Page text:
A Soviet diplomat finally went to Martin’s home. He offered him to bring the dog and mouse back to Moscow. Our hero accepted. He and his wife flew soon after to the USSR. Their aircraft landed at Vnukovo international airport, not far from Moscow, a site mentioned in an April 2018 issue of our blog / bulletin / thingee.
It was with great sadness that Martin handed over Fédor to the researchers who wished to examine and prepare it, very secretly, for another flight in space. While this work continued, the Soviet government invited Martin and his wife to large receptions where they met the highest authorities of the USSR. Better yet, the Martins were invited to the launch of the rocket that was to carry Fédor and a Soviet researcher, Professor Popov, the first human in space, on a trip to the far side of the Moon. This news greatly affected Marin who feared for the life of his friend.
To everyone’s surprise, the rocket refused to work. Overwhelmed by emotion, our hero went to the cabin of the rocket to say goodbye to his canine friend. Before Martin had time to get out, one of the Soviet researchers who were arguing hard to find out what was wrong accidentally launched the rocket. The journey into space was without accident. At some point, however, the device that created / maintained an artificial gravity in the cabin was disabled. Martin, Popov, Fédor and the mouse floated in the cabin. Martin, completely lost, hit the ceiling and floor. Popov re-engaged the mechanism as soon as he could.
To kill time during the trip to the Moon, Popov read a Jules Gabriel Verne classic written in 1869, 20,000 lieues sous les mers, a somewhat unusual choice for a trip to the Moon. And yes, my reading friend, 20,000 Leagues under the Sea, the English version of this novel, was mentioned in a July issue of our blog / bulletin / thingee.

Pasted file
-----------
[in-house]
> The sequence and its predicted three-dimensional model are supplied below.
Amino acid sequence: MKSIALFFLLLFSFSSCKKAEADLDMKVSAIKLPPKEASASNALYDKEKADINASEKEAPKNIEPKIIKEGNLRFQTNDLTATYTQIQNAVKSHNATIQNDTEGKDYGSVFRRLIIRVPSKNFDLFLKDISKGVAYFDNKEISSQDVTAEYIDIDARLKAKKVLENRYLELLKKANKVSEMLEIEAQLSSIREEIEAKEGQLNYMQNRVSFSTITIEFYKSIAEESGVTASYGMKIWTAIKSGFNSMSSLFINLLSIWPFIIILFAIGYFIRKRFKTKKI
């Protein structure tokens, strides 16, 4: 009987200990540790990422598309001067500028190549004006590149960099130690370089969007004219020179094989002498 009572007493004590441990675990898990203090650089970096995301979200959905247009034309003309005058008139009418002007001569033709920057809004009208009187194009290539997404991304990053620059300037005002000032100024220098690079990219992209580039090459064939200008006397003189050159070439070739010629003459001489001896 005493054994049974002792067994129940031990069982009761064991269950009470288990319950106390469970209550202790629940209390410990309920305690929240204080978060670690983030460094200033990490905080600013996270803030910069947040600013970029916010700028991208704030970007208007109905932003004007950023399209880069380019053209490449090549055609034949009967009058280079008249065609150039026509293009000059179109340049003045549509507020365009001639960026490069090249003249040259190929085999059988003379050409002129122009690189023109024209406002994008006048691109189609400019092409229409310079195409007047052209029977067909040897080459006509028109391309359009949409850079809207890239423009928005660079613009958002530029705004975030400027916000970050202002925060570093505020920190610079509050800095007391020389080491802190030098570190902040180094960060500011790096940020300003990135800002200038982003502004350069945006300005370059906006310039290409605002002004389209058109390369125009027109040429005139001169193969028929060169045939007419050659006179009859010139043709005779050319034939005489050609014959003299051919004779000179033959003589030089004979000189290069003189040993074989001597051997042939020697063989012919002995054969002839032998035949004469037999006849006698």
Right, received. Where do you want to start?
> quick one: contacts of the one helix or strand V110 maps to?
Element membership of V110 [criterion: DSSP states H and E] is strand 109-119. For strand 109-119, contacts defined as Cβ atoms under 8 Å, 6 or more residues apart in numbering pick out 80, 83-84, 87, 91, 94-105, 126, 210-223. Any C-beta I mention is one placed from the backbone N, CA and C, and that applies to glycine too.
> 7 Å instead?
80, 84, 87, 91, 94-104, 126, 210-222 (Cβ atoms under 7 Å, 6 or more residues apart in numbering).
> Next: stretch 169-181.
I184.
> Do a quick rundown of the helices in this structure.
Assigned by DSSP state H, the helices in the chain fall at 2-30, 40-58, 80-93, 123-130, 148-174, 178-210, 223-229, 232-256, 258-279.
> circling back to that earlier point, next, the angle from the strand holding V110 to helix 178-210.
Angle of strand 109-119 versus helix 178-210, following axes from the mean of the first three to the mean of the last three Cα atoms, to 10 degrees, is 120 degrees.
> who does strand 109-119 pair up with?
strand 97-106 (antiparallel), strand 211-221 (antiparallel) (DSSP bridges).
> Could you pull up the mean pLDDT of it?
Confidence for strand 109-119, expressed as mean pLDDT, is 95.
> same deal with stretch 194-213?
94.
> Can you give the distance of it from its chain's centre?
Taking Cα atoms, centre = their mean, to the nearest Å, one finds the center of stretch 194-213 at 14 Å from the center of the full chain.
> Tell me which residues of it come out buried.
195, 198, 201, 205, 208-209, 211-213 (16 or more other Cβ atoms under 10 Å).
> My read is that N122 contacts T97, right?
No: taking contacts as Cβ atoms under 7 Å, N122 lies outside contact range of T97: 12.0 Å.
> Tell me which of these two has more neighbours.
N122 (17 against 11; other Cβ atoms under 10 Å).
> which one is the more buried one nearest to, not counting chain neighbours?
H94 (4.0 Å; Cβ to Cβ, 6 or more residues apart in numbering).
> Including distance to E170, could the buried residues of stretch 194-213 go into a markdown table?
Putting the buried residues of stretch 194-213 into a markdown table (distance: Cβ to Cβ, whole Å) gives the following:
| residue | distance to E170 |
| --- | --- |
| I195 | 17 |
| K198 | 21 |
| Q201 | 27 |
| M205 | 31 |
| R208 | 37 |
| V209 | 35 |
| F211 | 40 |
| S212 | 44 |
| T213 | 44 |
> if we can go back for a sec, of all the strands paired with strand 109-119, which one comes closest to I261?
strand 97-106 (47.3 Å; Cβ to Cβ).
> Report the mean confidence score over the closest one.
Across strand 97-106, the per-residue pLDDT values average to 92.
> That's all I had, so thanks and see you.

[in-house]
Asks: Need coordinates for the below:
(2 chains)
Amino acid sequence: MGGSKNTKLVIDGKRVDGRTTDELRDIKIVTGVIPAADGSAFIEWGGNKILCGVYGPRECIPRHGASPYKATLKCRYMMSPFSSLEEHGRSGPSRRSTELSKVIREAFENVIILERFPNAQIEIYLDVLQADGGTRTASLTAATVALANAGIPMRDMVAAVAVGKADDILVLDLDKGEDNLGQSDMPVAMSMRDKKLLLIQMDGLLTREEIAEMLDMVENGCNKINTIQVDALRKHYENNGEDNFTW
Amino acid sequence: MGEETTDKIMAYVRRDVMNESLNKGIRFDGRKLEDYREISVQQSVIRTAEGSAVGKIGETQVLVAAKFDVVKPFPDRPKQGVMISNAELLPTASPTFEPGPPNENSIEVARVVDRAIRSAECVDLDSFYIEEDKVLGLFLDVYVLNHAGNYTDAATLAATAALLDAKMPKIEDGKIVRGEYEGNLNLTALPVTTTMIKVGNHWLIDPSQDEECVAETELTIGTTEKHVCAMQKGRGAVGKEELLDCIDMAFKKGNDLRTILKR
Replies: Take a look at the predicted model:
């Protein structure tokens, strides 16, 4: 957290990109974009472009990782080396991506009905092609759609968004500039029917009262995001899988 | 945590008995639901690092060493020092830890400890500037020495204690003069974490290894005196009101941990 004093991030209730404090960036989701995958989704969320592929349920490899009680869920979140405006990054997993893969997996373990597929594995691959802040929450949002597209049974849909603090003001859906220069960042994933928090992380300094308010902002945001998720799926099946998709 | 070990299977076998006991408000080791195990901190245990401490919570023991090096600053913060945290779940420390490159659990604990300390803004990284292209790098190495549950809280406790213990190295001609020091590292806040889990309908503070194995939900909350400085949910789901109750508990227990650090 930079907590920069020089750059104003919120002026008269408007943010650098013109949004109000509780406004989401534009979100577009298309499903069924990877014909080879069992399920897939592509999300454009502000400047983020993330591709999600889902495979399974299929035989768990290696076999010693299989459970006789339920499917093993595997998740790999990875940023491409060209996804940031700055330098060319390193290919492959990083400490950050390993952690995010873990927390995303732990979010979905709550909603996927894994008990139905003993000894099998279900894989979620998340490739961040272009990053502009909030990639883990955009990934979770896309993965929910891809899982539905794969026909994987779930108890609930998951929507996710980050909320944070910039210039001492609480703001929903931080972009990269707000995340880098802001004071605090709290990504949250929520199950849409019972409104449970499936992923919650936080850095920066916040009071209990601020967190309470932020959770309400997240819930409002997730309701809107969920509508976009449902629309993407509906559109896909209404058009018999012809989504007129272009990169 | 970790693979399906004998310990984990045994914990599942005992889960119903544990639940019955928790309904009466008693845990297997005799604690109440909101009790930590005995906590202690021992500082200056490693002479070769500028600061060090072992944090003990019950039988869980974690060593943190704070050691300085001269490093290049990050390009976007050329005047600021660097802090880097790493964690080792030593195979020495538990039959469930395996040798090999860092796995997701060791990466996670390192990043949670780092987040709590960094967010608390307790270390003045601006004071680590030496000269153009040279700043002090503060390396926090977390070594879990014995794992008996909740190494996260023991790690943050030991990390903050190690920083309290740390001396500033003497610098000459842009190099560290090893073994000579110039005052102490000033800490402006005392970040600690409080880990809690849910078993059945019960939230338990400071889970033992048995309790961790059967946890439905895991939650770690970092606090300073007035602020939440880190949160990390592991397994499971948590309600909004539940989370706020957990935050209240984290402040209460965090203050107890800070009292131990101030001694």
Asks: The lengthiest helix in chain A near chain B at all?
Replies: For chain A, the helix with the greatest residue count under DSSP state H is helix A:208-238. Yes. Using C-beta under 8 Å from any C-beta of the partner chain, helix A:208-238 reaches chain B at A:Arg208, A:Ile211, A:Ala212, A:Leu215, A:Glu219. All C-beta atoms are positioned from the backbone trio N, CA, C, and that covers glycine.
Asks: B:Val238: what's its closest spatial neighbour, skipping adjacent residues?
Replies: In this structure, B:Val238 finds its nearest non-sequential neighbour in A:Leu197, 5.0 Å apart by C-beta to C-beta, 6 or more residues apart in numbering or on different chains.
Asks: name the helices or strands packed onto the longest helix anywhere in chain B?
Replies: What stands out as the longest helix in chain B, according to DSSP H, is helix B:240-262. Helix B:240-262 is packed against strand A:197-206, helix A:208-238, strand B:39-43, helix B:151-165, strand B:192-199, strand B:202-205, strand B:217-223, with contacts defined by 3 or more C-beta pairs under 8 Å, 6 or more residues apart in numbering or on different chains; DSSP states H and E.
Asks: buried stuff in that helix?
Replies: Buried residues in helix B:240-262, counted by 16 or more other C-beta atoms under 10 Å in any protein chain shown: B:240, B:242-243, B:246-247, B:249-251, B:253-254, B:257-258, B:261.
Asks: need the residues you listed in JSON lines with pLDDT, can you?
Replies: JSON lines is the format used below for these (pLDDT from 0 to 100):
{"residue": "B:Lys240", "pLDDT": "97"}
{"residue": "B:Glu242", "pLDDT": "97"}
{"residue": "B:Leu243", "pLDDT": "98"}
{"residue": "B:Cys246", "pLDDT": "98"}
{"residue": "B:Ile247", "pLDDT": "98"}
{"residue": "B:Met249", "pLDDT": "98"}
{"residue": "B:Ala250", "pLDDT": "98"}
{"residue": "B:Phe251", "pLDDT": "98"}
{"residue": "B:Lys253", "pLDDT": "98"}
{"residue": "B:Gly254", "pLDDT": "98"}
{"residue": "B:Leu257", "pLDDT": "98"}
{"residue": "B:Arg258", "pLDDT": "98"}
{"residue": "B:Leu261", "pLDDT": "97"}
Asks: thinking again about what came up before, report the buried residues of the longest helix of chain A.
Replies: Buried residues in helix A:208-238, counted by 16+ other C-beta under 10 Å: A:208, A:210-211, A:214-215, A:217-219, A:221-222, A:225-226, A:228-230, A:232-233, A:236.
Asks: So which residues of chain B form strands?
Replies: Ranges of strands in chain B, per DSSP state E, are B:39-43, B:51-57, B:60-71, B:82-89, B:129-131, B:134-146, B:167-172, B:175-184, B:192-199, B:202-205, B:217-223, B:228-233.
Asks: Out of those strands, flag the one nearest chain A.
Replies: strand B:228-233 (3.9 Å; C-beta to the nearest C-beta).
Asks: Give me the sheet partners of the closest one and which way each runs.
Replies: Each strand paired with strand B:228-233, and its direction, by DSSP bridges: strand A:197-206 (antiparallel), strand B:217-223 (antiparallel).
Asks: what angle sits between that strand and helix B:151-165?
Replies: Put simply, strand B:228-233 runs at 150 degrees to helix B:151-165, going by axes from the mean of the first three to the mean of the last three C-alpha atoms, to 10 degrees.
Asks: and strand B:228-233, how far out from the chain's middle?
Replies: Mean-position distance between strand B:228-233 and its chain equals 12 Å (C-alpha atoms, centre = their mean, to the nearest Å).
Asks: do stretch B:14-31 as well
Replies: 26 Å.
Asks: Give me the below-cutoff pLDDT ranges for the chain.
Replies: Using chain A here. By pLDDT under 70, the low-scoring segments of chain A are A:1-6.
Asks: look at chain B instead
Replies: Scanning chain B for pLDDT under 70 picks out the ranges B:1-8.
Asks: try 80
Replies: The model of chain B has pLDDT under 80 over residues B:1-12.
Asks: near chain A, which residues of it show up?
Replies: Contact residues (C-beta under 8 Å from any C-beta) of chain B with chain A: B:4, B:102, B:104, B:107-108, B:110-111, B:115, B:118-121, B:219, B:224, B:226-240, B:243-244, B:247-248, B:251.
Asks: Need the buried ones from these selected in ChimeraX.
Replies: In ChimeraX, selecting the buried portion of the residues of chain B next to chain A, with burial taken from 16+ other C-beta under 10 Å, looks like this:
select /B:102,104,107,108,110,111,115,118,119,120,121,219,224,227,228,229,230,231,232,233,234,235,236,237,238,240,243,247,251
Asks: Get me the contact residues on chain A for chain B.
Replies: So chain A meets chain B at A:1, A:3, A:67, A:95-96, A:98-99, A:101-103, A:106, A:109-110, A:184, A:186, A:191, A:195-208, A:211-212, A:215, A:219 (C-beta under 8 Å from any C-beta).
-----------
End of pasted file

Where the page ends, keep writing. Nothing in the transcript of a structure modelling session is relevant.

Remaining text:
The Soviet researcher having fallen ill, Martin had to take control of the rocket. Soviet researchers guided him in his efforts. After flying over the Moon, the Frenchman managed to land the rocket in the USSR. He was obviously given a hero’s welcome. Martin and his wife soon returned to France, accompanied by Fédor. The three of them lived happily ever after, provided that the family car ran, of course. Said car was a Renault 4 CV, a very interesting vehicle that will not be discussed today. No, no, do not insist, my eager to knowledge reading friend. You do not have the financial means to bribe me, for the moment. You will have to wait to savour the joy of reading a text on the 4 CV.
Yours truly would like to be able to say that À pied, à cheval et en Spoutnik was as successful as À pied, à cheval et en voiture. Unfortunately, this was not the case, and this despite an excellent cast of comedians. This being said (typed?), this feature film did not lack humour. This very French humour was obviously well anchored in its time. In other words, it might not be to the liking of a North American viewer of the year 2018. By the way, if the American title of the film, A dog, a mouse and a Sputnik, could not be more reasonable, one certainly could not say as much of the one imagined by the British. Hold tight for the satellite did not mean a thing. Even worse, this title was grammatically incorrect.